I joined Etsy.com as a seller in 2006, one year after its inception. After 11 years as a successful Etsy shop owner, I’ll be closing my Etsy shop on May 15, 2017, due to Etsy’s reprehensible strong-arm tactics directed at Etsy sellers. As of May 17, 2017, Etsy will require most Etsy shop owners (including all those in the USA) to accept payments through Etsy’s “Etsy Payments” interface instead of exclusively through Paypal, which many Etsy shop owners prefer, as I do. If a seller does not comply with this requirement, his or her Etsy shop(s) will be closed by Etsy on May 18, 2017.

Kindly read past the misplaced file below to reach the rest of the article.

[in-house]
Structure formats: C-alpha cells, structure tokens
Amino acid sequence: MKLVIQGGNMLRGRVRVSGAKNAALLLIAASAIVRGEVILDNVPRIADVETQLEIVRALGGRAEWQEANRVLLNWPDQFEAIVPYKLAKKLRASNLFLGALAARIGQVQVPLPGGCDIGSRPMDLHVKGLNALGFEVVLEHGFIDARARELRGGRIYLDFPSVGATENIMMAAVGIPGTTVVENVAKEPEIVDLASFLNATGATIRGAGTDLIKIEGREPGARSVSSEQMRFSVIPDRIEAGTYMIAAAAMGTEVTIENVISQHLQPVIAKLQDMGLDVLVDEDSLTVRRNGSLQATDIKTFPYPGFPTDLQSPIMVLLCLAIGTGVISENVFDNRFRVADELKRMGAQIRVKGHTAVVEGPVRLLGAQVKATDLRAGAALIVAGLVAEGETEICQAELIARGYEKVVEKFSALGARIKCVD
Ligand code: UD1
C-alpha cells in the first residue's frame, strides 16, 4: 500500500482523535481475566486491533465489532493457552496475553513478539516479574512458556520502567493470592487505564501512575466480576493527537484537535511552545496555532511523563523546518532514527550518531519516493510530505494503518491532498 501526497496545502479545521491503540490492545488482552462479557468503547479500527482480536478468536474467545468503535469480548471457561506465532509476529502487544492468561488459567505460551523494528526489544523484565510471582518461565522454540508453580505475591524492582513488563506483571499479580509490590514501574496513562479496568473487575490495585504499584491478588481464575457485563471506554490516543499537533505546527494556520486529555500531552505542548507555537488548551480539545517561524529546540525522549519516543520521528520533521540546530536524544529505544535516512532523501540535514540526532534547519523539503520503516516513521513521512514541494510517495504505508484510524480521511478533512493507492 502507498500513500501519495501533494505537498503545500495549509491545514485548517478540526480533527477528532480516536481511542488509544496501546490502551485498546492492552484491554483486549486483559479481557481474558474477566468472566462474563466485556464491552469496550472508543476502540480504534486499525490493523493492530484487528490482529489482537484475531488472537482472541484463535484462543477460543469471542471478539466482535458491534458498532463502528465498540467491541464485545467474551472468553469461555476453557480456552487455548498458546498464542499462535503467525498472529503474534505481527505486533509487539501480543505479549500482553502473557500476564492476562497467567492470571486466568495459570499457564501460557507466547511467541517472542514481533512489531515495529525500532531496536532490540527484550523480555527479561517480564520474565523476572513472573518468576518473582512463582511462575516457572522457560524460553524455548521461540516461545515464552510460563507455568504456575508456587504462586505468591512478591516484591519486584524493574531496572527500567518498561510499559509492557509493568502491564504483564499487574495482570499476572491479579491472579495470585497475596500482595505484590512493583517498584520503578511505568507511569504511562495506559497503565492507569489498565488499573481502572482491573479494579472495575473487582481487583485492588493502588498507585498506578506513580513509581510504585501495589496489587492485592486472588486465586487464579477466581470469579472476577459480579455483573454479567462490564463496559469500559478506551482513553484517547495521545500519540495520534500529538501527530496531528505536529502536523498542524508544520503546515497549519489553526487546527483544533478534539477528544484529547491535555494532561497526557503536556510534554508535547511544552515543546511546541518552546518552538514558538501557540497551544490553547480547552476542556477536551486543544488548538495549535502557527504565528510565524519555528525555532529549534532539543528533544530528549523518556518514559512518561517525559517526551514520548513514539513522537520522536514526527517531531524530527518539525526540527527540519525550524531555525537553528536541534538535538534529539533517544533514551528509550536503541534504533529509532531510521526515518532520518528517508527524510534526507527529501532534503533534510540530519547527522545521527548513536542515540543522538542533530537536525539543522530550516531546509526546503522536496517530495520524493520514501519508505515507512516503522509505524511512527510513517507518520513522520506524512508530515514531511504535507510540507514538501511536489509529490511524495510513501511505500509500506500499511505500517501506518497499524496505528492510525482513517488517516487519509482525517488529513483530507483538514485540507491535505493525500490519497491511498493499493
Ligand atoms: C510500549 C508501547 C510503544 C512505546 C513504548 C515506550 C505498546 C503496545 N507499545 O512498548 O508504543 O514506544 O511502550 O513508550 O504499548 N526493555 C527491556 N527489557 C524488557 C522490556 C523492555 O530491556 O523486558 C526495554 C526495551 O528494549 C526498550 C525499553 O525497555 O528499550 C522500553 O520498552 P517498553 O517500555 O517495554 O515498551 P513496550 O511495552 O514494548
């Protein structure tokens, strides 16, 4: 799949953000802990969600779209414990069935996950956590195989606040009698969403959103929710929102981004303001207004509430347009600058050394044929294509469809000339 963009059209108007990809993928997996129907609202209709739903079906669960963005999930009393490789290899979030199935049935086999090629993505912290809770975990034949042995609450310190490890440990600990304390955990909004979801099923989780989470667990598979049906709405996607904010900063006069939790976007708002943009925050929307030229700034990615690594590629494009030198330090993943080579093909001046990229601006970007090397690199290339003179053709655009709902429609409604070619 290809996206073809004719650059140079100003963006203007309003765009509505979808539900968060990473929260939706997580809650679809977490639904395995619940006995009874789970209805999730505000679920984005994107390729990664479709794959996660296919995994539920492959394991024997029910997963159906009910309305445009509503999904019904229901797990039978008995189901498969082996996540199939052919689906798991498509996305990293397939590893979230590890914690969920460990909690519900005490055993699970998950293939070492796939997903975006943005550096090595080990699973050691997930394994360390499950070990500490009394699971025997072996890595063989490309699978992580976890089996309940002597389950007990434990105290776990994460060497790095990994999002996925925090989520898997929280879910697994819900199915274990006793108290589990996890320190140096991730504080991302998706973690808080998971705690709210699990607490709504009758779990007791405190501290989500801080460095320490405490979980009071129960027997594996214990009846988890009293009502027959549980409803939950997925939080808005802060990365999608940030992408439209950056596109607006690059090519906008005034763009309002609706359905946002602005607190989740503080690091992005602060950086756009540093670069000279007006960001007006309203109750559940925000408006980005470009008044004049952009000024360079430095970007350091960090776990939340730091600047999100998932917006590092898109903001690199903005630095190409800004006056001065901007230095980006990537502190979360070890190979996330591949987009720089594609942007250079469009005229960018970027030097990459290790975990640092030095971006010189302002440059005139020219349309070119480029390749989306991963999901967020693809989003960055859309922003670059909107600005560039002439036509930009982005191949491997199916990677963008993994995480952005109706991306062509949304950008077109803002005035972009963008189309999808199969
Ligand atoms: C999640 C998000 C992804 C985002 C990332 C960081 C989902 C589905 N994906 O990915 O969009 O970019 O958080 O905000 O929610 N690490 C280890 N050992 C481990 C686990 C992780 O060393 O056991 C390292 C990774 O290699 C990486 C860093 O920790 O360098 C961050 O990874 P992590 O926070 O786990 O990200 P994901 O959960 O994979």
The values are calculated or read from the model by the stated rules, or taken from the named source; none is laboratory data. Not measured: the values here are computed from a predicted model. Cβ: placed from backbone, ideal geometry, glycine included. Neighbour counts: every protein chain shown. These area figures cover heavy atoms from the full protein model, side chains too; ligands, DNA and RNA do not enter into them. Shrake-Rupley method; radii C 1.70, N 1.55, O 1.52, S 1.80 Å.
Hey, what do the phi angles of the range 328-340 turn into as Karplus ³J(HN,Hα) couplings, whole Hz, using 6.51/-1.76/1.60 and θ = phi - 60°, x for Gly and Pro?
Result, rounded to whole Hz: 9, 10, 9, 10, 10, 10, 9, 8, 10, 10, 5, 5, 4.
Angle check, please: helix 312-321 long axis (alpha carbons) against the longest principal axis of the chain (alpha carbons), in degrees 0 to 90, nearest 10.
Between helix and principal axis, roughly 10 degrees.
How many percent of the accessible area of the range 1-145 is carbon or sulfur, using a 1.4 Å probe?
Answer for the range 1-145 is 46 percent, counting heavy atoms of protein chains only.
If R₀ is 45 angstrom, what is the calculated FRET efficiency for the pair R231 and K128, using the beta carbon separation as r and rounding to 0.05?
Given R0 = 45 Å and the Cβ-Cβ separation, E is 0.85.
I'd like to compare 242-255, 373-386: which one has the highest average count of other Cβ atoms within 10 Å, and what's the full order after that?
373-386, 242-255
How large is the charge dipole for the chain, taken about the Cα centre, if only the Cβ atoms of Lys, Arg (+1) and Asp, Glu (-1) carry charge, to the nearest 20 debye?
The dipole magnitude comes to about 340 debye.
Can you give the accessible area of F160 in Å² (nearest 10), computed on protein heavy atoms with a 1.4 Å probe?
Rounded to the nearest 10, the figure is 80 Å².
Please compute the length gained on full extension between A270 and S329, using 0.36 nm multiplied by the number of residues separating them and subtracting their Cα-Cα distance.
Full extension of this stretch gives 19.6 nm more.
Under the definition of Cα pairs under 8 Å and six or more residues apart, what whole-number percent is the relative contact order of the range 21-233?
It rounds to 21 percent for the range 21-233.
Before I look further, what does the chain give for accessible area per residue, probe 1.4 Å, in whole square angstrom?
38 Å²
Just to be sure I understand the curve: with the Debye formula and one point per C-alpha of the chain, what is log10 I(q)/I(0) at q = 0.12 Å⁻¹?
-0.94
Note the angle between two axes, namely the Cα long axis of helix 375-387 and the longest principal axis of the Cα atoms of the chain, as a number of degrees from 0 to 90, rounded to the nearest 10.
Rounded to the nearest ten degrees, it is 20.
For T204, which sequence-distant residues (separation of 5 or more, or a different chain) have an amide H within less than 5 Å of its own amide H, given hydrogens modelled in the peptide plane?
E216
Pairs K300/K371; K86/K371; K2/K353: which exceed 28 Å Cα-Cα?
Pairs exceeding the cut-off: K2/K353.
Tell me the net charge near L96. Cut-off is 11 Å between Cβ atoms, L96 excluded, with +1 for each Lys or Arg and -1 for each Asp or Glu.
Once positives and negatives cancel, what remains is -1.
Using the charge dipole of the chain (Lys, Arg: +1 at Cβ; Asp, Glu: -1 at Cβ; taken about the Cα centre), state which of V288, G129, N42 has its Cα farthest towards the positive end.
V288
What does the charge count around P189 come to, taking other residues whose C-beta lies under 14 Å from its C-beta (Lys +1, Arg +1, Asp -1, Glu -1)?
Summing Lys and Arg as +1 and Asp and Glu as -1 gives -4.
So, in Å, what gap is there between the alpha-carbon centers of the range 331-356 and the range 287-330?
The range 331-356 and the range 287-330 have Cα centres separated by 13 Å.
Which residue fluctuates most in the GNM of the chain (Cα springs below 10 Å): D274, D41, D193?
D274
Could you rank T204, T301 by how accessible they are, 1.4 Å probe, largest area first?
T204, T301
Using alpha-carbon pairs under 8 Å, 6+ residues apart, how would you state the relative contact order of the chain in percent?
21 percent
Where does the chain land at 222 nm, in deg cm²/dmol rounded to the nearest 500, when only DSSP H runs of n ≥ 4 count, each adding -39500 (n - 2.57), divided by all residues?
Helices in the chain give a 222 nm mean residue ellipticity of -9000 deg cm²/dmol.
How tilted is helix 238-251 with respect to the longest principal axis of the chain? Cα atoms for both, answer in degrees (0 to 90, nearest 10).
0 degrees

All of my products, the vast majority of which have never been available in my Etsy shop, are available on my personal website KristiLynGlass.com. Therefore, I am in a far better situation than many other Etsy sellers who have been given less than a month’s notice to (1) comply, (2) scramble to find another way to market their products, or (3) go out of business. Those who have previously purchased my products via my Etsy shop are encouraged to bookmark my website and shop there for my products in the future.
Etsy’s Rationale and Requirements